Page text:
John Downing: 'Dáil numbers, Brexit and other cruxes mean McGrath likely to get off with only a 'caution''
It looks rather like Finian McGrath is going to "get off with a caution". He has reversed out of a few very ill-thought-out comments about An Garda Síochána's operation of road checks for drink driving and wisely went into media purdah for a time thereafter.
In other circumstances there would be a strong case for him having to quit. In essence he was accusing the nation's police of trying to undermine a minister in the Government - that is pretty hefty and perilous stuff.
Up until Sunday, the likeable Independent TD and super-junior minister responsible for disability issues, appeared to have settled down as a diligent member of the Government team. After a few calamitous and quixotic forays into the media on various issues after his appointment in May 2016, he appeared to be the one from the Independent Alliance most accepting that Government is different, slower, harder and more complex than being an Opposition TD who can be perennially "agin the Government and all the related authorities".
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Then he did a 'Sunday Independent' interview and spoke out without thinking of the huge implications of what he was saying. He said gardaí had become politicised and were carrying out unnecessary breathalyser tests, especially in the mornings, because they opposed new drink-driving laws.
Mr McGrath alleged gardaí were keen to "stick things" to his Independent Alliance colleague, the unloved Transport Minister Shane Ross, who had pushed through laws toughening penalties for drivers caught at the lower-range of drink transgressions. He similarly cited the tougher rules on unqualified drivers having to be accompanied at all times by a fully licensed driver.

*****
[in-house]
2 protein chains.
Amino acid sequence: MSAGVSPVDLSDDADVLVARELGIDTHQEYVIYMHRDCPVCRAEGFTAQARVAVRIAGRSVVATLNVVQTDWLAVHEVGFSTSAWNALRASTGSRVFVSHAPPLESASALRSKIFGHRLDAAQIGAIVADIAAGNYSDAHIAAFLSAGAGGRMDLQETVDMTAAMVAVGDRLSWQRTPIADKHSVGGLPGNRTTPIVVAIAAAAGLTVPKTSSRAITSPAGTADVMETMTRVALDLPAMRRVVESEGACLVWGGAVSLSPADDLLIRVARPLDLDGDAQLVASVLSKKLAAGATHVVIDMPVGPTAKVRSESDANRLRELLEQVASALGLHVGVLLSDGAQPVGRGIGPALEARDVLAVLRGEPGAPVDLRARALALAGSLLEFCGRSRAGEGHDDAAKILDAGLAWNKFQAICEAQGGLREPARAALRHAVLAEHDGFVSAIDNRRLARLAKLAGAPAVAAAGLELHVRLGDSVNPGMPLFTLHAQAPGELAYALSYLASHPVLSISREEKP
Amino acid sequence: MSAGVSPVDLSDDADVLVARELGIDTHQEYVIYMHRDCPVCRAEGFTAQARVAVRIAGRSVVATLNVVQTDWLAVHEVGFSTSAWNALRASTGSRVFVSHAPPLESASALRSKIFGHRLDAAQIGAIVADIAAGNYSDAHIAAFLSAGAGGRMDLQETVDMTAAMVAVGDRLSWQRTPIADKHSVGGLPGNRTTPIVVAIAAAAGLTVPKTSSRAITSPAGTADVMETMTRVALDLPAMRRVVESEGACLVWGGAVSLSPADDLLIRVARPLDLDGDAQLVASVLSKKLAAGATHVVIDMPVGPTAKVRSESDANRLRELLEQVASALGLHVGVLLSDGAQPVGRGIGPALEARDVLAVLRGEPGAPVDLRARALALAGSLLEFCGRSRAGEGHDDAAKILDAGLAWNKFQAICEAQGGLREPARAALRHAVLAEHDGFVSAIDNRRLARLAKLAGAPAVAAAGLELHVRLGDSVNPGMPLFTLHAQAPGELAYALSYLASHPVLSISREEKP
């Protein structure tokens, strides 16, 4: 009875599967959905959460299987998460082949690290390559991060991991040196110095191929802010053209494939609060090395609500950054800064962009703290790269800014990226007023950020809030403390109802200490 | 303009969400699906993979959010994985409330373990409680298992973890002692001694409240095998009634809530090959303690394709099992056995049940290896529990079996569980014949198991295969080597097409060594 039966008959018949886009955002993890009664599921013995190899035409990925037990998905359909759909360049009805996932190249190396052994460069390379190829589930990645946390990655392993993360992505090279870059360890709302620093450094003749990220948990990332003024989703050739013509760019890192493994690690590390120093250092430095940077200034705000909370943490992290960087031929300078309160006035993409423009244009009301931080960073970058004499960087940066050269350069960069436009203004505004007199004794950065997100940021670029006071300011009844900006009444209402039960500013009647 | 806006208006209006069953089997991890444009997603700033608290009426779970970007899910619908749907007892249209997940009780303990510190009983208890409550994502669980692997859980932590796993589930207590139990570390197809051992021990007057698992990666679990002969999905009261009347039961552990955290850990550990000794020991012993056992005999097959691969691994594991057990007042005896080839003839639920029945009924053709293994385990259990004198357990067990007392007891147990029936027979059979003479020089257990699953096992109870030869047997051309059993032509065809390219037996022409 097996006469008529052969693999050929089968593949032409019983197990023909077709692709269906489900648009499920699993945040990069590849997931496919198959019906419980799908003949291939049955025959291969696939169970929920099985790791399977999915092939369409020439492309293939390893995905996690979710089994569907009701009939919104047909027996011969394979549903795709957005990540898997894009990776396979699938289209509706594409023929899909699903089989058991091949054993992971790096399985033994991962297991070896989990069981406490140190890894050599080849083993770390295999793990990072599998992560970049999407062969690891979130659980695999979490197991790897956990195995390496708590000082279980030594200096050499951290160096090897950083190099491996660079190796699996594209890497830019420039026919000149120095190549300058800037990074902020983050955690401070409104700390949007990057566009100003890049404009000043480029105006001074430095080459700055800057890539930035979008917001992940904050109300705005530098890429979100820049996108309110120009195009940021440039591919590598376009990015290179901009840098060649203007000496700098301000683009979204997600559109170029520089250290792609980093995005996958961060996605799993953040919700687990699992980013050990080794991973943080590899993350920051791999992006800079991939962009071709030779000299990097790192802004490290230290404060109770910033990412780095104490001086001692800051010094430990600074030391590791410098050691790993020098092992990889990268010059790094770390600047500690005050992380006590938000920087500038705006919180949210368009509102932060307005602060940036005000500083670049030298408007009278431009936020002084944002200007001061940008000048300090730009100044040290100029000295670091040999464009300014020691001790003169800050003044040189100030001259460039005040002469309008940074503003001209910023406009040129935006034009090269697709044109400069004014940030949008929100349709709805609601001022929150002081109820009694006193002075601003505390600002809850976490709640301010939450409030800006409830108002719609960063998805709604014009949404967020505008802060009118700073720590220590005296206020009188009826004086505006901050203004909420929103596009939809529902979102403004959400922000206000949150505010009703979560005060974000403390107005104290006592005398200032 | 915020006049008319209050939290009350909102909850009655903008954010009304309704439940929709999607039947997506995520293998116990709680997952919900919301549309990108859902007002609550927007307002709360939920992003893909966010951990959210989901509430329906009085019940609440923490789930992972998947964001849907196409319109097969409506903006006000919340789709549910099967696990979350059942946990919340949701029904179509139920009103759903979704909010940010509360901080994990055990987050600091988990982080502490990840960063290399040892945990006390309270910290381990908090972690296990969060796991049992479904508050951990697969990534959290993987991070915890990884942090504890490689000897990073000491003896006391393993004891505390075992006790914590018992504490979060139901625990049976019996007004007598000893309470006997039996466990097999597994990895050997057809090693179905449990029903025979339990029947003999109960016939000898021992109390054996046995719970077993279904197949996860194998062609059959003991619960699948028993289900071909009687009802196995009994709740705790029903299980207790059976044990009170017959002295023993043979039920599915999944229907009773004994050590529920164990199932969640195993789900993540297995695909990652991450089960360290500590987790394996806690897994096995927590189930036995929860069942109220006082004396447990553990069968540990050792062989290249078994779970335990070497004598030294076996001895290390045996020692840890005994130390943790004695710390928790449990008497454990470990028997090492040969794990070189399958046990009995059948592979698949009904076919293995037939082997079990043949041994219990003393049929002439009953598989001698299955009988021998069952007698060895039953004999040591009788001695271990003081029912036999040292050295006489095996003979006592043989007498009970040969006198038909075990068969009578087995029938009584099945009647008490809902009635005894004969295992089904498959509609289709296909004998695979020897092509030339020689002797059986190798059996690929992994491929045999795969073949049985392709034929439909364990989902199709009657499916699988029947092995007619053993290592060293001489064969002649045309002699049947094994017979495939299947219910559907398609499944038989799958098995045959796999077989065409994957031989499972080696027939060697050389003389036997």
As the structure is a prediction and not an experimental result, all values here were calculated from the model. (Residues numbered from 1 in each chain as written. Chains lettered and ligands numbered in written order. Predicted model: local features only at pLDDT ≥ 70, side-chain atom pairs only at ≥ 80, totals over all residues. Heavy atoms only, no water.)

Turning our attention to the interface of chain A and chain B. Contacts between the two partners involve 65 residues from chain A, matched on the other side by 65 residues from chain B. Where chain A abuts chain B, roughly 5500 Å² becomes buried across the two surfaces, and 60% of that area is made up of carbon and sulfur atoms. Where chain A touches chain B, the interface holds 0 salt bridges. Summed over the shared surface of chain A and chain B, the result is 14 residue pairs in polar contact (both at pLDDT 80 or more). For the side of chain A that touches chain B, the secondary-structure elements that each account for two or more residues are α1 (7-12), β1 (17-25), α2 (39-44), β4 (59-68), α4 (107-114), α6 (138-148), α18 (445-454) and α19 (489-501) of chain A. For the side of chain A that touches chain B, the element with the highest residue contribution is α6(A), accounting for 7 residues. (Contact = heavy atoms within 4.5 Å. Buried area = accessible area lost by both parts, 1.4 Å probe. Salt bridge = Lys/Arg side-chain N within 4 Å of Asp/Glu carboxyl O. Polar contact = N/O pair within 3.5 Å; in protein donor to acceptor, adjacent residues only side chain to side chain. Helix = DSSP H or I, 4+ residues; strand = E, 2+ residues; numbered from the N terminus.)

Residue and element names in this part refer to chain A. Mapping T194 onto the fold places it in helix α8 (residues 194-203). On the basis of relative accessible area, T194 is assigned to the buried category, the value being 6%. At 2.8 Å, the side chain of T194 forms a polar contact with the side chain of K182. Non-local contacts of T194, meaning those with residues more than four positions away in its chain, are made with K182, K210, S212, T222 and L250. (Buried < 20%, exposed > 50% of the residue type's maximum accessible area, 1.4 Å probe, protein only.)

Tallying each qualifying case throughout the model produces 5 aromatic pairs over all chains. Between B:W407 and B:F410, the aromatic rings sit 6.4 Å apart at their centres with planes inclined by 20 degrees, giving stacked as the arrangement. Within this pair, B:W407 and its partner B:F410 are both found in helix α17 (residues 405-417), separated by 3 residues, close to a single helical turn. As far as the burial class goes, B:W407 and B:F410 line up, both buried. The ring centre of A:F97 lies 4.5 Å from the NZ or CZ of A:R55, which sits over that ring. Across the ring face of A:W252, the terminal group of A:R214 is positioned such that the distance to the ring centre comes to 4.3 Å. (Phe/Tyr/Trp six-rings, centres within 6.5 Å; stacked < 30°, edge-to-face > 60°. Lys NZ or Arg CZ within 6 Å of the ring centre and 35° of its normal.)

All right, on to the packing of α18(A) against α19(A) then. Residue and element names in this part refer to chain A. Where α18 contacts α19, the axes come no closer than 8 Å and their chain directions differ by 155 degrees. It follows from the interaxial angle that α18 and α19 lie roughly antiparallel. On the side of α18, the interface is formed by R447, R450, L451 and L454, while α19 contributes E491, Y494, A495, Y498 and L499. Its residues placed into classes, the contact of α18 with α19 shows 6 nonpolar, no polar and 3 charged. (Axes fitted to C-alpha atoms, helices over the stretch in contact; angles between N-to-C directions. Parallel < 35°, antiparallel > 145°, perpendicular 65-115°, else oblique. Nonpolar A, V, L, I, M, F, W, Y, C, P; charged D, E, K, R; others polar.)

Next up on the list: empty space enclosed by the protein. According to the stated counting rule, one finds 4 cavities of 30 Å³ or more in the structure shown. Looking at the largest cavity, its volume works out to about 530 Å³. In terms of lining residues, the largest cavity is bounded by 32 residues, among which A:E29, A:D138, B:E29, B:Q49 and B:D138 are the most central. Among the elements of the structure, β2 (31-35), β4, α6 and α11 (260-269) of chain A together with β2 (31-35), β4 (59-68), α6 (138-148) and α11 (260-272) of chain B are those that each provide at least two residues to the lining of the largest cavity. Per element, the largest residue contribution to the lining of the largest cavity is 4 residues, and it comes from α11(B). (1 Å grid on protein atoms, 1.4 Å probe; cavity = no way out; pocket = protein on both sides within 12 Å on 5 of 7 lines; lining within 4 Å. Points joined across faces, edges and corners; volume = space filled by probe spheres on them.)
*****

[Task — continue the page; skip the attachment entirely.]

That 'Sunday Independent' interview is well worth reading in full. It shows a huge honesty by Finian McGrath about issues like housing, and a determination to back his embattled Cabinet colleagues, Eoghan Murphy in housing and Simon Harris in health.
But Mr McGrath's comments about the nation's police force - and his exhortation to the Garda Commissioner, Drew Harris, to intervene - were a bridge far too far.
You have to reach back to the 1973-77 ill-starred Fine Gael-Labour coalition to find anything comparable.
Back then, allegations began to build of "a heavy gang" of gardaí breaking the law by coercing, intimidating and assaulting IRA and other paramilitary suspects under detention. Fine Gael informally claimed the allegations came from pro-Fianna Fáil gardaí - claims which were never put on the formal record.
Comparisons are also made with the late defence minister Paddy Donegan who, in 1976, dubbed President Cearbhall Ó Dálaigh "a thundering disgrace" for doing his duty in referring tough anti-terrorist legislation to the Supreme Court to test how it accorded with human rights guarantees in the Constitution.
Back then Mr Donegan stayed in office and the President resigned.
It reminds us that everything relates to the political situation of the day. Predictably, Fianna Fáil's justice spokesperson, Jim O'Callaghan, has said Finian McGrath's comments were "very foolish" and "over the top".
Mr O'Callaghan then said he should apologise to An Garda Síochána. Fianna Fáil is not betting the farm on this row.
And enter Fine Gael grandee Richard Bruton to stress he had full confidence in Mr McGrath and "anyone can make a mistake". Wagons circled, and time to move on. Messrs Bruton and McGrath are constituency colleagues. Anyone for a transfer, guard?